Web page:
Posted 8 months ago
WWII presented a much more serious threat to the Swiss. The Nazis running Germany positively hated a neutral Switzerland and made plans to invade. The Swiss in turn let it be known that surrender was not an option. No one in the Swiss government or military even had the authority to surrender. The Swiss would fight to the death. By 1940 after France was invaded the Swiss had mobilized over 1,000,000 men, 53,000 horses and 16,000 motorized vehicles. By the end of the war the average Swiss soldier had served 800 days on active duty. WWII Swiss medals are harder to find than the WWI medals probably due to the fact that not enough time has past. Many of the original owners and their families are still alive. (In my collecting experience I have concluded that most medals end up on the resale market by the 3rd and 4th generations after the medals were issued.) Unit medals are the most encountered Swiss medals of WWII. Illustrated here is a medal for service in the 214th Frontier Fusilier Battalion for 1939-40. The obverse depicts a Swiss soldier using his rifle as a club after he ran out of ammunition. A reminder of the no surrender policy. The second medal which is non-portable was issued for active service 1939-41 in the Sanitary department of the army. The term sanitary is like our medical department. The obverse depicts a modern Swiss soldier and one of the original Swiss freedom fighters of 1291.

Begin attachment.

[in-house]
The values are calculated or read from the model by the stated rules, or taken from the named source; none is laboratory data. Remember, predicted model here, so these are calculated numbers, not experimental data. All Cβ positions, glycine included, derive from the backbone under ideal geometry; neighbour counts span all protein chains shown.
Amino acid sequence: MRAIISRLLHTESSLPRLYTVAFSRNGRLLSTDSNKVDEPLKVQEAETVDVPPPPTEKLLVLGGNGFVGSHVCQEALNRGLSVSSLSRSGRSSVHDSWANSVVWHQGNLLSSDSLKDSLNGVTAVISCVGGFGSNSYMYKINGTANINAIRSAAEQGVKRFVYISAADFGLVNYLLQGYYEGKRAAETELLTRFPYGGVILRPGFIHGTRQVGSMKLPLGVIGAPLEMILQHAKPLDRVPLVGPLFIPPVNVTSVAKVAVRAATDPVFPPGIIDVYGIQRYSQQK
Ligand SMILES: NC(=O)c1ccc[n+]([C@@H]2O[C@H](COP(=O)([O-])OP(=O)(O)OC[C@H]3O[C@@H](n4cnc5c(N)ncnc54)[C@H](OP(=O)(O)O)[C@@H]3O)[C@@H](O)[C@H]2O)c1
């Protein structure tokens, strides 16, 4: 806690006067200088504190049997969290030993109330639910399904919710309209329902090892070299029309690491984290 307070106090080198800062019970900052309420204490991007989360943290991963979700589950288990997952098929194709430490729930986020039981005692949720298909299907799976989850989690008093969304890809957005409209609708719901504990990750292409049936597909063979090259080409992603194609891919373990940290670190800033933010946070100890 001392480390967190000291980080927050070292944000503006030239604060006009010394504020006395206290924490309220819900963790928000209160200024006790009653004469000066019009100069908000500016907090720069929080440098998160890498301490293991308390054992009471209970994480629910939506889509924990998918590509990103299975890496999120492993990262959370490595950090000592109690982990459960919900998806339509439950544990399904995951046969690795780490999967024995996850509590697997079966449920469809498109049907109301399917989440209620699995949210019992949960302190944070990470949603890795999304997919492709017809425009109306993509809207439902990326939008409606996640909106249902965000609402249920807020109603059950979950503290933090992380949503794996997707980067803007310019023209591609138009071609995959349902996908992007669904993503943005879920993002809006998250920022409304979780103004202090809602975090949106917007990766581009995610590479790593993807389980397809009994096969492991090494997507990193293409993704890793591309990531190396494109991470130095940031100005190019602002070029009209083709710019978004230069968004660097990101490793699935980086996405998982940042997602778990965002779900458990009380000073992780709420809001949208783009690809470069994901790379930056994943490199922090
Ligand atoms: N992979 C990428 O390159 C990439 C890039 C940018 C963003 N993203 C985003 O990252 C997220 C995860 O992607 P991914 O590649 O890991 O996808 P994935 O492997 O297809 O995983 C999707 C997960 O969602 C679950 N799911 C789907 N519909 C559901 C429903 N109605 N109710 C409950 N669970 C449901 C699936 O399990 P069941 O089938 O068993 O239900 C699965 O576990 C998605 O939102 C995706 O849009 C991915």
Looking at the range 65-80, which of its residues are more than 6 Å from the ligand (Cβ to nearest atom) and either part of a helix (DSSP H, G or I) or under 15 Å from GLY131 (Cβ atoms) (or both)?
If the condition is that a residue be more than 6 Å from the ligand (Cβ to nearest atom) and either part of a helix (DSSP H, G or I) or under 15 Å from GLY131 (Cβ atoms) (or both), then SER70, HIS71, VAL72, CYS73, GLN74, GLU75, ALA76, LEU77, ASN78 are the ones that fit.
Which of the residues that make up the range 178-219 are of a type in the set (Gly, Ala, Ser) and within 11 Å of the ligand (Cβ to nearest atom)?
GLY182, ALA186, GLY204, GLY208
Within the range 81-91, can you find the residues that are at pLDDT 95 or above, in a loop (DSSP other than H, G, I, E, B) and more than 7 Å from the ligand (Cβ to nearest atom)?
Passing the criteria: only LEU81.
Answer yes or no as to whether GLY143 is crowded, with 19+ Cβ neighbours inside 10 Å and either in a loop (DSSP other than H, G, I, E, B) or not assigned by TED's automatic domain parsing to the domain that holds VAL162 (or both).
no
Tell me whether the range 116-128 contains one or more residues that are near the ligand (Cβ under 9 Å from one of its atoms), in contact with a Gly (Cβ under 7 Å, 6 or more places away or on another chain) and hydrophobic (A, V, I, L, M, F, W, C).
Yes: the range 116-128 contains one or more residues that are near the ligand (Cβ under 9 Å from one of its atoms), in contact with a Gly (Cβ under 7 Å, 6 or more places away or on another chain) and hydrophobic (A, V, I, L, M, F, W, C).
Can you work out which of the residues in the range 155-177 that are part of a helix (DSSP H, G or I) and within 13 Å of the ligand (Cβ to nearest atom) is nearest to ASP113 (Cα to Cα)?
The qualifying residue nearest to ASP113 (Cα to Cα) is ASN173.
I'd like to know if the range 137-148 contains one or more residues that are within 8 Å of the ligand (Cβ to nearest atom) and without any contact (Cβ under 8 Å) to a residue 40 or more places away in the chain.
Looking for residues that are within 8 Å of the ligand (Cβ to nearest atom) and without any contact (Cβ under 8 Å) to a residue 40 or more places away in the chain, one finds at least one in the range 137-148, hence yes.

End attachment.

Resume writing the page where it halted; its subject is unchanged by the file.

Next Christmas in the field medals.